Big Payoffs

Amotorist called Barry Kindt one day and told him, "One of your pickup trucks just passed me, and something flew out of the back of his truck and landed on my car." The call was of obvious concern to Kindt, president of SECCO Inc. and SECCO Home Services in Camp Hill, Pa. But how could he get to the bottom of it? Recently, someone called Roger Peugeot, president of Roger the Plumber in Overland Park,

Amotorist called Barry Kindt one day and told him, "One of your pickup trucks just passed me, and something flew out of the back of his truck and landed on my car."

The call was of obvious concern to Kindt, president of SECCO Inc. and SECCO Home Services in Camp Hill, Pa. But how could he get to the bottom of it?

Recently, someone called Roger Peugeot, president of Roger the Plumber in Overland Park, Kan., to say that one of Peugeot's trucks had hit his truck about an hour earlier, but that the driver of Peugeot's truck had not stopped.

"I also got a call from someone else, on a different day, who said that one of our trucks had forced the driver off the road, causing him to blow three tires," Peugeot recalls.

He, as Kindt did, wanted to get to the bottom of these instances. But how?

Track record
Fortunately, both service contractors are satisfied users of global positioning satellite technology. Research into their systems was able to get to the bottom of all three incidents.

"With GPS, you know where your trucks are at all times," explains Kindt, a member of the Nexstar best practices group. "You can also monitor events, such as starting and shutting off the trucks, opening and shutting the truck doors, and you can even clock driving speeds."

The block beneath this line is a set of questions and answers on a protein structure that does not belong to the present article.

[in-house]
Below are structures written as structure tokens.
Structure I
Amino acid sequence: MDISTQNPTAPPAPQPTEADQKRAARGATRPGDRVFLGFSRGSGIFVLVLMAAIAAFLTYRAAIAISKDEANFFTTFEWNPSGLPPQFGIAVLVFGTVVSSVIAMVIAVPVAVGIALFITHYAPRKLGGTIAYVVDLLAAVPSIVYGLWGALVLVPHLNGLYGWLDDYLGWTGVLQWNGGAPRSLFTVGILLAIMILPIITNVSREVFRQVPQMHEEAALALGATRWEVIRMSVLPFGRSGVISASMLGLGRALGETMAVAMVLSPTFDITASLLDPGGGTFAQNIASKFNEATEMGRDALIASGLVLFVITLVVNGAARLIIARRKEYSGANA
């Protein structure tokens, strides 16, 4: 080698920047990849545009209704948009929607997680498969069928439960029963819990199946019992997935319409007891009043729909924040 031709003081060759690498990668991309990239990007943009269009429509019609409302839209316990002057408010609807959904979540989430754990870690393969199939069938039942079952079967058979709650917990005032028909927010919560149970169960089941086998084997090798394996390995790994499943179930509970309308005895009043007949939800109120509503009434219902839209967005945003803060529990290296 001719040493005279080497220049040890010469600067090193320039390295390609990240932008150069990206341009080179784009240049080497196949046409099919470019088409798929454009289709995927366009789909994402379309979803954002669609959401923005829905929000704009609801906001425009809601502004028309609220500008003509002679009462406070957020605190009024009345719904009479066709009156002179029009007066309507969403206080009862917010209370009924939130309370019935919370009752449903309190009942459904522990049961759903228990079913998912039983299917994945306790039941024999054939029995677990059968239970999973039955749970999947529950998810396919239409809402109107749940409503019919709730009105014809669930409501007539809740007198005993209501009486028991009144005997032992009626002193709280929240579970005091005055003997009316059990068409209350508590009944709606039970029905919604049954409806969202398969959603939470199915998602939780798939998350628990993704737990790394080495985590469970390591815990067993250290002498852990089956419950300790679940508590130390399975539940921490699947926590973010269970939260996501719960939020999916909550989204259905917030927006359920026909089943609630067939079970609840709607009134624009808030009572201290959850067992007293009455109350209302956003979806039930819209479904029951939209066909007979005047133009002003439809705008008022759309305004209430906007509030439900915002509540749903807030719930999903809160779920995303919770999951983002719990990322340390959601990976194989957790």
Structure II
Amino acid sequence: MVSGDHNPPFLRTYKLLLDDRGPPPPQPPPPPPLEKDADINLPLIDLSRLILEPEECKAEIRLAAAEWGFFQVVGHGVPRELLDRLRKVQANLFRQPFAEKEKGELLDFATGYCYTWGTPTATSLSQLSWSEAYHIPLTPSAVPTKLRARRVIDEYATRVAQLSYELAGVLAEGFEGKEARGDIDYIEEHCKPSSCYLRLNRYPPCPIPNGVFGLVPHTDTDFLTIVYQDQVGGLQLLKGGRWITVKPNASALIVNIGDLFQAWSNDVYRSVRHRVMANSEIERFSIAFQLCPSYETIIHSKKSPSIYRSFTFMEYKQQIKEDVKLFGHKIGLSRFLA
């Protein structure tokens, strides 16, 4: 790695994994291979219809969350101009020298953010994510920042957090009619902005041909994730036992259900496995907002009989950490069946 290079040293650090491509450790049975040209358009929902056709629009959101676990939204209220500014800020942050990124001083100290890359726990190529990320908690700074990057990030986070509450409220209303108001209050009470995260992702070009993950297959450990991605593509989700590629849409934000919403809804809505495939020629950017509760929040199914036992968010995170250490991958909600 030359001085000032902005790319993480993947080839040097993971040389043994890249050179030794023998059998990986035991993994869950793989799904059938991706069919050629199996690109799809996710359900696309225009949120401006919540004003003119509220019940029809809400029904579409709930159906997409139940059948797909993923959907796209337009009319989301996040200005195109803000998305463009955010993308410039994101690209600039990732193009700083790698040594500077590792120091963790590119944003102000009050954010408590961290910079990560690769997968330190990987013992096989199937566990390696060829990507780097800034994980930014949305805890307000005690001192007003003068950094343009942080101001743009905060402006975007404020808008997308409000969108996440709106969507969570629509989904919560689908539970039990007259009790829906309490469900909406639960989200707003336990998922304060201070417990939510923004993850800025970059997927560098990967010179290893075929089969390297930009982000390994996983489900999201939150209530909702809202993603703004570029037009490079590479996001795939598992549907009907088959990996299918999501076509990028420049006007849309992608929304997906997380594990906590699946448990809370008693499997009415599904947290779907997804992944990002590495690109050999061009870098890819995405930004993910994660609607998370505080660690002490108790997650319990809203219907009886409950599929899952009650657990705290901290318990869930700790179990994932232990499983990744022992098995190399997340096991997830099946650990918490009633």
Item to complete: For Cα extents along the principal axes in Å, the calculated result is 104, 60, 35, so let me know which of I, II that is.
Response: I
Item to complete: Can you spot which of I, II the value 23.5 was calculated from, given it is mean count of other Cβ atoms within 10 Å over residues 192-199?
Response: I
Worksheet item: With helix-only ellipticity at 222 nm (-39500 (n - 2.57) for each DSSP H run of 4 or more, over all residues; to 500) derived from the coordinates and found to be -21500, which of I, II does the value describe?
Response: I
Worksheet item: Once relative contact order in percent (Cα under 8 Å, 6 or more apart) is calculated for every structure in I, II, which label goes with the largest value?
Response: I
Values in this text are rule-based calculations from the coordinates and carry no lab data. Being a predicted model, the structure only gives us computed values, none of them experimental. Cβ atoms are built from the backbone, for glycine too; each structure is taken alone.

SECCO has 40 vans and only two pickup trucks, so it was easy to track down who the driver of the pickup was. It turns out that he was supposed to be onsite at one of SECCO's best commercial accounts working on a project. Investigation showed that he had not been where he was supposed to be, Kindt says.

"We went back and did more checking on where he had been for some planned maintenance work and found that, again, he had not been where he was supposed to have been and had not done the planned maintenance," Kindt says. "We got rid of him."

In investigating the first of his two cases with his GPS system, Peugeot found that none of his trucks had even been in that neighborhood that day, he says. The driver who called Peugeot, who owns a delivery company, had been mistaken.

"I invited him over to see our system," says Peugeot, who belongs to Quality Service Contractors, which is part of the Plumbing-Heating-Cooling Contractors — National Association. "He was so fascinated that he did come over, and I showed him how the system worked."

The man ended up purchasing GPS units for all 25 of his trucks. It turned out that the vendor who had sold Peugeot his system — AtRoad — had a spif for referrals of $20 per unit, providing Peugeot with $500 for his efforts.

As for the second incident, a review of the GPS history showed that none of Peugeot's trucks had been in the area at that time. In fact, he didn't have a truck on that street all day long.

Peugeot then called the police, because he felt the caller was trying to pull a scam. A police GPS expert came over and studied Peugeot's system and realized that he could not have manipulated the information. End of case.

GPS benefits
When Peugeot purchased his GPS system five years ago, he admits that most of his employees were worried about "Big Brother" watching them. Instead, the system actually benefits everyone and even frees them up, he says. When they get to a job, for example, they don't have to call in to report their arrival. The GPS system relays the information automatically.

"In addition, if there is any concern on the customer's part about the time we were there, we have an electronic document showing what time we arrived and what time we left," he says.